Cinema Monolith

Reviews of movies from my giant DVD tower, and more.

A Walk in the Woods

a-walk-in-the-woods-posterCinema Monolith: 4/10
IMDb: 6.3/10
Radio Times Guide to Films: **** out of 5

Released on September 2, 2015
Rated R
104 minutes

Directed by Ken Kwapis

Written by Rick Kerb and Bill Holderman, based on the book by Bill Bryson

Cast: Robert Redford, Nick Nolte, Emma Thompson, Mary Steenburgen, Nick Offerman, Kristen Schaal, R. Keith Harris, Randall Newsome, Hayley Lovitt, Linds Edwards, Susan McPhail, Andrew Vogel, Derek Krantz

If you’ve never read any of author Bill Bryson’s wonderful travelogues of his adventures around the world, I highly recommend you do: every one I’ve read—and I’ve read most of them—is fascinating, informative, engaging, and best of all, hilarious. They make you want to immediately grab a backpack and take a trip to any inviting destination on the planet. One of his most popular and well-known books, A Walk in the Woods, tells the story of Bryson’s attempt at walking the 2,200-mile Appalachian Trail, from Georgia to Maine, with his longtime friend Stephen Katz along for the trip. It’s also very funny and informative, but sadly, I can’t say the same for its cinematic counterpart.

Robert Redford plays Bryson, a travel writer who returns to the US after living in England and sets up home in central New Hampshire. After attending the funeral of an acquaintance, he goes for a walk and happens upon a segment of the Appalachian Trail, which he never realized was there. He decides he’s going to hike it, and when his wife requests that he not to travel it alone, he contacts his friend Katz (Nick Nolte), who agrees to join him. They begin their hike at Springer Mountain in Georgia and head north, experiencing adventures, dangers, and craziness along the way.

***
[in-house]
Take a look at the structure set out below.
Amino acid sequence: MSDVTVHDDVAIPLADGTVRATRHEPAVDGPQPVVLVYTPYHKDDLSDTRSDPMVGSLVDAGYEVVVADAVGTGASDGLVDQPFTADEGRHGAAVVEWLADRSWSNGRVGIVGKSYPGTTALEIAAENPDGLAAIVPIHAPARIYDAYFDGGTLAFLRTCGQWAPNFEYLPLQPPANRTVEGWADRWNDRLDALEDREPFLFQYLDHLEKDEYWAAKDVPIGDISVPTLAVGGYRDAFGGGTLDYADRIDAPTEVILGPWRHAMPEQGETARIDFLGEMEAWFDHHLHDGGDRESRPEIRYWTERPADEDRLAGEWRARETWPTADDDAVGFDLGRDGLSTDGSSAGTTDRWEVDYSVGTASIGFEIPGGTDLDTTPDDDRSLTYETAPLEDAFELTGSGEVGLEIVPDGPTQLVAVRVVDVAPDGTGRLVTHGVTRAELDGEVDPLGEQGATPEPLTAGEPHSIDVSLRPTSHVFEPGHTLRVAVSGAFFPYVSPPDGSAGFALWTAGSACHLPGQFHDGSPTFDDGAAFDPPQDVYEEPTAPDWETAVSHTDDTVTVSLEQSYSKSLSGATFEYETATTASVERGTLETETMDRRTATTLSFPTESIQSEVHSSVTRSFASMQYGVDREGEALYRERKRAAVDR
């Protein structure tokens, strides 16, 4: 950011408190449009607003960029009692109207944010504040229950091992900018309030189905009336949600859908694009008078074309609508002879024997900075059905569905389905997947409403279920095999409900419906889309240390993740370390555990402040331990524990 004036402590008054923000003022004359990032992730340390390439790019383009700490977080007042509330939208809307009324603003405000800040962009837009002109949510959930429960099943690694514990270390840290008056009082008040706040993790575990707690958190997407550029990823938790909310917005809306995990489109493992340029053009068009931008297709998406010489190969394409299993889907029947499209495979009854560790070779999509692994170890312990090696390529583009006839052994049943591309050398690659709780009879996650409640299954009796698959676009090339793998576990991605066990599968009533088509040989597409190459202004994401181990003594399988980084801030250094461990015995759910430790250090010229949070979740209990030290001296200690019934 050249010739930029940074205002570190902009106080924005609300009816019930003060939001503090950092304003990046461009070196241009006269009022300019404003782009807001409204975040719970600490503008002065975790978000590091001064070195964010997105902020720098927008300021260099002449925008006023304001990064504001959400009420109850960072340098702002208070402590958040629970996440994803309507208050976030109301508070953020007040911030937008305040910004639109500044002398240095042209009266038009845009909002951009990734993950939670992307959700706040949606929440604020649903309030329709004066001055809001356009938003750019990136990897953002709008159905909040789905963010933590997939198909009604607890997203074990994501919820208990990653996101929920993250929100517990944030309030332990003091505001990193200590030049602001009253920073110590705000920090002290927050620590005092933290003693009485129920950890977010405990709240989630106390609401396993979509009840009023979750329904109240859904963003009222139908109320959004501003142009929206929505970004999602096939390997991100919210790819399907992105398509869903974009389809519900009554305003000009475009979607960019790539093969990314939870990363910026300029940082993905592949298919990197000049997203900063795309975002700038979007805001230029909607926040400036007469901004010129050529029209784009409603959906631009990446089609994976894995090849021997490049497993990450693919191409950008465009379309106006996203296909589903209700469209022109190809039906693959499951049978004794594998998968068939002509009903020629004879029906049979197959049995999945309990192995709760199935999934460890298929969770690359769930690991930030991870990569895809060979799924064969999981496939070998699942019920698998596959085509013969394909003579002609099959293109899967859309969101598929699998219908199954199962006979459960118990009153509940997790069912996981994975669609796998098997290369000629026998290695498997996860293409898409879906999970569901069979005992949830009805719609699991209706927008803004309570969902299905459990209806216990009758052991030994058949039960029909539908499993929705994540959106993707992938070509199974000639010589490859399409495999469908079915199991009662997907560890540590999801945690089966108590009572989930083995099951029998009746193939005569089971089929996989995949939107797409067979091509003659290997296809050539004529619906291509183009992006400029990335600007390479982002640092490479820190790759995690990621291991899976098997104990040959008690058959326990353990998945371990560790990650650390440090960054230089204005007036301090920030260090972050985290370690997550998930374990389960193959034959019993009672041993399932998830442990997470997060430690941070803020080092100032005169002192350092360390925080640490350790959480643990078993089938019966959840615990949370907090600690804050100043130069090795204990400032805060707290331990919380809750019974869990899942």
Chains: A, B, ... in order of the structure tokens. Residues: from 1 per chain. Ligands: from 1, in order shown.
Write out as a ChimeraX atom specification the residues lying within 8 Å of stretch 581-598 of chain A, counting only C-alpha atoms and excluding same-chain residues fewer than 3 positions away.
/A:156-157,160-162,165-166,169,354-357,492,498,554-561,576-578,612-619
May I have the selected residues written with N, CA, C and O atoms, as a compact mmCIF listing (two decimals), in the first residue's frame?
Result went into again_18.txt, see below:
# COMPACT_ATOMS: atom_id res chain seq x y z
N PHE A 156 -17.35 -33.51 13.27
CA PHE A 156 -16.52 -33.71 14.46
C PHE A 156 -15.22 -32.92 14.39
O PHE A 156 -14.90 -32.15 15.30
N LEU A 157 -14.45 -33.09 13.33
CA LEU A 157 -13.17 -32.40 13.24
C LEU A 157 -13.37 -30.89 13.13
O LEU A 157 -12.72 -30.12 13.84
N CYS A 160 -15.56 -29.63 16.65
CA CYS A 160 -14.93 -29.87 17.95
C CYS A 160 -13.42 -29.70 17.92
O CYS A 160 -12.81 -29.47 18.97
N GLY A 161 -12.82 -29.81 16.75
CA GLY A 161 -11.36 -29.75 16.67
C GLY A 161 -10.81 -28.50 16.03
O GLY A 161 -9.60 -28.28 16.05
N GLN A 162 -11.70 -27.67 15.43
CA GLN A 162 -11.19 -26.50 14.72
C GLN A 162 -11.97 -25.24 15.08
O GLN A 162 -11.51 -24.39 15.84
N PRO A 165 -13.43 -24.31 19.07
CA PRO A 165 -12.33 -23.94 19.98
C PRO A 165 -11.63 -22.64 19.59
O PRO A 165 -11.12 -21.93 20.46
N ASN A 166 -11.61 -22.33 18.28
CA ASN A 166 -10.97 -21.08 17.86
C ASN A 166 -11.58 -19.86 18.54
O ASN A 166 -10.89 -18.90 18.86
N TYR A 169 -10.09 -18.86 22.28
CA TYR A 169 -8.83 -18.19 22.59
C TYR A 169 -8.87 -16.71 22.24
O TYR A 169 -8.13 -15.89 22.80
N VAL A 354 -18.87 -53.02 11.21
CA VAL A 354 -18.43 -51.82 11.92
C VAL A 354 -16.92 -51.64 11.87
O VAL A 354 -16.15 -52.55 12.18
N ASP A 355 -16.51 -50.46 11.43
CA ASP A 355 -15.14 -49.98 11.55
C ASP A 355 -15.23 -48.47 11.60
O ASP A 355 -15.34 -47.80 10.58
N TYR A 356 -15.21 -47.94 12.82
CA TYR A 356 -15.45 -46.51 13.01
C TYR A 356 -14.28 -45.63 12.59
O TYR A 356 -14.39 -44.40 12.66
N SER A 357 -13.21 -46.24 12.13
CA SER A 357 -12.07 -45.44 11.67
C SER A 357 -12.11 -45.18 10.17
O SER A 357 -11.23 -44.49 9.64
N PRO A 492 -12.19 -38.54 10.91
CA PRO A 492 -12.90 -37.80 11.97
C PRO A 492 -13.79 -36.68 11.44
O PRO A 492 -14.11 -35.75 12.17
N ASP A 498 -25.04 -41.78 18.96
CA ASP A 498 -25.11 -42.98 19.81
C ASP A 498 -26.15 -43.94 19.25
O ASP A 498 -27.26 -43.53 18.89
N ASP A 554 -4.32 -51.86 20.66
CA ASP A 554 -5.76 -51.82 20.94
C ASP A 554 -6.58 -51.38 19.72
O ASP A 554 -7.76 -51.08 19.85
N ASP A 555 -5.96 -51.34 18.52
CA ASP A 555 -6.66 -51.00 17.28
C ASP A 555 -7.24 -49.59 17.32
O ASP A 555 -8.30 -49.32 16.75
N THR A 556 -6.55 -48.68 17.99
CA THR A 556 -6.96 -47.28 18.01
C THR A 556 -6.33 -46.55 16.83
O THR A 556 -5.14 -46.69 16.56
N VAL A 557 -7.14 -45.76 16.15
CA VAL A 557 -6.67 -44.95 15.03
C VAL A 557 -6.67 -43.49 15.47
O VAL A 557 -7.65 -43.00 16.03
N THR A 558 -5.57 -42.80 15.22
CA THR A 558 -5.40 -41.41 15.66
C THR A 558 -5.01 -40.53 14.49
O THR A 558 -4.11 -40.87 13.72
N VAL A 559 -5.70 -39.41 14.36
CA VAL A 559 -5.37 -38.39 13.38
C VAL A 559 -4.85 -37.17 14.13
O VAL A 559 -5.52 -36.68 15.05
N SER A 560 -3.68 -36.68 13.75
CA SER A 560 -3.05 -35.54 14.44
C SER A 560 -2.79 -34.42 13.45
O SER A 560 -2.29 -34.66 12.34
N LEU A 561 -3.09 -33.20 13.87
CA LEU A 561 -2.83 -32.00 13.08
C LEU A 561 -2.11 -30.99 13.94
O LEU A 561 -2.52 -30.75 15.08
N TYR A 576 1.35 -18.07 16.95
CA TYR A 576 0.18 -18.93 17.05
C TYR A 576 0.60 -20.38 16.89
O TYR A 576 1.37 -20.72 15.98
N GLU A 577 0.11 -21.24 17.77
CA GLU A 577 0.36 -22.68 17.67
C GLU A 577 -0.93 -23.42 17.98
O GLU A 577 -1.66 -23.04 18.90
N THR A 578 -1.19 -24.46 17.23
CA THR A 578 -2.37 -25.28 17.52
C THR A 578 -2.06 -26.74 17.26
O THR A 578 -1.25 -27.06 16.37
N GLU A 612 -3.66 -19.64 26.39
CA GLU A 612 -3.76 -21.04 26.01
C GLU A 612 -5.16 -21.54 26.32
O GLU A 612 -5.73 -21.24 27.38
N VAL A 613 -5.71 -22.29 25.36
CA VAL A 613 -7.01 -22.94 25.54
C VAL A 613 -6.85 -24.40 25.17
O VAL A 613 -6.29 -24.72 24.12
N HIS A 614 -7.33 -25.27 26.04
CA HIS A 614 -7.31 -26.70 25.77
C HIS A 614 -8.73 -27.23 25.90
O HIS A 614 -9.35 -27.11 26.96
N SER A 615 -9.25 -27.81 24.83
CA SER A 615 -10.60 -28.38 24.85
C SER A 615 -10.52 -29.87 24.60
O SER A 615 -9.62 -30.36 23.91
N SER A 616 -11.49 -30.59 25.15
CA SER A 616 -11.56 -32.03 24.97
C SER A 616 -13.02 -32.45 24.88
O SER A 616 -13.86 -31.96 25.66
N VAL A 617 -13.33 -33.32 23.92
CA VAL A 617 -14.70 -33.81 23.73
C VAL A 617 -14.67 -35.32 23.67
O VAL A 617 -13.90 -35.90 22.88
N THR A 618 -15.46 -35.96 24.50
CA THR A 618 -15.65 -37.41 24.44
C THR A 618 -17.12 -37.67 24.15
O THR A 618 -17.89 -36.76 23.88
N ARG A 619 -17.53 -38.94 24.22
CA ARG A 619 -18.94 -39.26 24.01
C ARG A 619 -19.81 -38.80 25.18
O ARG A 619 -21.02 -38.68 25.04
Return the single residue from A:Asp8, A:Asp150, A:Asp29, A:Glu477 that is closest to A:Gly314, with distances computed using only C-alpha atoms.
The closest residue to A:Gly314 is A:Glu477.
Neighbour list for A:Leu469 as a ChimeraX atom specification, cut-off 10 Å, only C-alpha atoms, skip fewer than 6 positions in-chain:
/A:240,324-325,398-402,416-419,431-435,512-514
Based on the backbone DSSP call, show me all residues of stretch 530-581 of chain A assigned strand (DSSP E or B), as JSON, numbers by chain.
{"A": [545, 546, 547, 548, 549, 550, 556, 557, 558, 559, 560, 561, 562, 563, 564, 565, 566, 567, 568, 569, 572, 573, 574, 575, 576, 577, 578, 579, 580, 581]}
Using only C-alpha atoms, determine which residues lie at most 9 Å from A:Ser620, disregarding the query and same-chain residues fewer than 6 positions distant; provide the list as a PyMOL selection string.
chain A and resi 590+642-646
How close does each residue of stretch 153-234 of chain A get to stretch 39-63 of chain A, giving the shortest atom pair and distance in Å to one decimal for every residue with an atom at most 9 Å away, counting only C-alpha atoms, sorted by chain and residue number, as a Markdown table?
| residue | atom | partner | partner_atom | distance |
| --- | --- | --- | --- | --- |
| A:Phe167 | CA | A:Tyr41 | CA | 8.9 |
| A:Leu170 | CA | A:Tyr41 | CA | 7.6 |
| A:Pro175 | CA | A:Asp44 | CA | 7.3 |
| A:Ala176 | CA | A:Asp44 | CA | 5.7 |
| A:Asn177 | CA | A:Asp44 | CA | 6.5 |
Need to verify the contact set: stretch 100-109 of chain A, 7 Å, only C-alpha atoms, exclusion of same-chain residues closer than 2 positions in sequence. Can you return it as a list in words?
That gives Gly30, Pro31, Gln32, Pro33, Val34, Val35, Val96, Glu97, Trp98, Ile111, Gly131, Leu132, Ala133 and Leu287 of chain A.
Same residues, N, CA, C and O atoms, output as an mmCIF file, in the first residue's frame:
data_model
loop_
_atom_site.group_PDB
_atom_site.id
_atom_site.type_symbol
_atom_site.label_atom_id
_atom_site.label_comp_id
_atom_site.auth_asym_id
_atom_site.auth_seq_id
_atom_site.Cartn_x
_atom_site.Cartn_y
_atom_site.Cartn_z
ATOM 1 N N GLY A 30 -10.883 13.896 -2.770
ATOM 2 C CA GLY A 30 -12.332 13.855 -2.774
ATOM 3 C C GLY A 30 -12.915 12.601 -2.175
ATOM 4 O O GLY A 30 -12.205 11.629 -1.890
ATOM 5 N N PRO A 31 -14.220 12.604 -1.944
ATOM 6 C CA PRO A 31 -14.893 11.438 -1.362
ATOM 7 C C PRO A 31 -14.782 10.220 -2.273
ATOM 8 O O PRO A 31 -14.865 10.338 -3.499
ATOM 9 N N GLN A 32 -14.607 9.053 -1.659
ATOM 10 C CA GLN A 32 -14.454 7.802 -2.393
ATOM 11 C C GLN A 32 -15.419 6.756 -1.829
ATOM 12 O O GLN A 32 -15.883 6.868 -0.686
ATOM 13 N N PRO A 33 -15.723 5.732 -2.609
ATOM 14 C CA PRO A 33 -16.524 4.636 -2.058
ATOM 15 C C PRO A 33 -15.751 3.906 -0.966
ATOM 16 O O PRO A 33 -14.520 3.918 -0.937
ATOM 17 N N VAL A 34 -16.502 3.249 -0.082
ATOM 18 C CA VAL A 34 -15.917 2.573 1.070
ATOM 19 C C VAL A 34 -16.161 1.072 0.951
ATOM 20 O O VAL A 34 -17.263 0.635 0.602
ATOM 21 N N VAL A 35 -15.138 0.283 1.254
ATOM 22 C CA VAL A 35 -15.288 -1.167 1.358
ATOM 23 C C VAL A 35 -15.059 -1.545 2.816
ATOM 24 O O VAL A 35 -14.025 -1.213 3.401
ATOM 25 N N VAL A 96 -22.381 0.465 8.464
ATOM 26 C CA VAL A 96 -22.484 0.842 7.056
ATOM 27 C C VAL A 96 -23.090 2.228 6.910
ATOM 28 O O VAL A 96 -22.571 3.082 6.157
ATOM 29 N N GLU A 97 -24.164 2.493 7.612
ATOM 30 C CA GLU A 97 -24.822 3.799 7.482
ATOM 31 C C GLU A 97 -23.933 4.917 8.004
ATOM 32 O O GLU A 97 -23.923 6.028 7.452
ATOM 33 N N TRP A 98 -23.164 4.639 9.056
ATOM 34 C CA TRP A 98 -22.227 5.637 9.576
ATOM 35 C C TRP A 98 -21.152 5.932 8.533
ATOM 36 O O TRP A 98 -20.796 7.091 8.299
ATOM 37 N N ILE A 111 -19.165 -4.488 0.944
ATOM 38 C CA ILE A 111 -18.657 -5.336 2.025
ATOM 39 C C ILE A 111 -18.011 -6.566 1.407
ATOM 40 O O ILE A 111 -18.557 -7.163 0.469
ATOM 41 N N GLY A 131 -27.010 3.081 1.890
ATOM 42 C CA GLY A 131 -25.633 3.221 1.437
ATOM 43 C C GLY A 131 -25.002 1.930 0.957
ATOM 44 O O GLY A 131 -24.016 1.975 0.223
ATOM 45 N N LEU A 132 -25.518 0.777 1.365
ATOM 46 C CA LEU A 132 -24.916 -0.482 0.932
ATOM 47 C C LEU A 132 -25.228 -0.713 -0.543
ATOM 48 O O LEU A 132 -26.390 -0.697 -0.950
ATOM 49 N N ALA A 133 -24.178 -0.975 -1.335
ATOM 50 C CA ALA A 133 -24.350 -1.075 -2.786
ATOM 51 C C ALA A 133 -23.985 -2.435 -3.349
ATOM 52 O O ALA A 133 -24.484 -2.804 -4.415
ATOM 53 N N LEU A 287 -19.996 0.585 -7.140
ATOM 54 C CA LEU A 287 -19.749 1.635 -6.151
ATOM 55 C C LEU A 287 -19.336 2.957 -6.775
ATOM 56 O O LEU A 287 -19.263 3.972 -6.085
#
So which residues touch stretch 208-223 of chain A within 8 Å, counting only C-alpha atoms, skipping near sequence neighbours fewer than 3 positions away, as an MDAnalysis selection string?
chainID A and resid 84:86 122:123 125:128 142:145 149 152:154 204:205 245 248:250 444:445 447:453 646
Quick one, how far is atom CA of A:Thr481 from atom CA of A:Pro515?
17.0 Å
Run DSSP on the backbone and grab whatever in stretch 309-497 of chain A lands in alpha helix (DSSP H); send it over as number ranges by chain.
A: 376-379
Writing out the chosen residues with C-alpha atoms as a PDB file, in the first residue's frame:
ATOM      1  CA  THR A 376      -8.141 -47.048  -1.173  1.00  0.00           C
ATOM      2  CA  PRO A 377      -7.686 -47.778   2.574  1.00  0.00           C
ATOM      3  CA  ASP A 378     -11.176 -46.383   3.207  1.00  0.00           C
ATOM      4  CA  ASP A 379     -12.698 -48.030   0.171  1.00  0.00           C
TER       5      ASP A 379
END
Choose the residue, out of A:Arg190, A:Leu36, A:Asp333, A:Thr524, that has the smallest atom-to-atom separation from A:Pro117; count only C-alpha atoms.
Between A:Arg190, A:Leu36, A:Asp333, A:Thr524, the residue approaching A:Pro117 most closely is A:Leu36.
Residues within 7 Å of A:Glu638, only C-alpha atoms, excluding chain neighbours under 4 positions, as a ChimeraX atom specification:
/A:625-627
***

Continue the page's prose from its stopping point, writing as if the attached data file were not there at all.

I’ll admit, my view of this film may be jaundiced by the fact that I loved the book as much as I did. I’ll also admit that I never expected anyone to turn the story into a film…it just didn’t seem possible. This was the sort of situation where the magic was in the storytelling, and not the visual, which should have been left to one’s imagination. The sad thing is, this might’ve actually worked had it been better handled, and if the generic comedy and pratfalls had been removed, and if the roles had been re-cast, and if it had been more inventive and cerebral than typical. But alas, this was not the case.

Redford has always been one of my favorite actors, and I think it’s great he’s still working today, and though his acting was fine in this, I just don’t think he was right for the part; the same goes for Nolte. I kept seeing Redford and Nolte as these characters, and not Bryson and Katz. My biggest problem, however, was with the screenwriters and the director, who flat-out botched the personality and charm of the book, and the scope and grandeur of the trail. This was not supposed to be a comedy, for chrissake, but a character-driven adventure drama tinged with subtle humor. Just reference the book! And keep our leads on the trail, instead of having them always escaping it!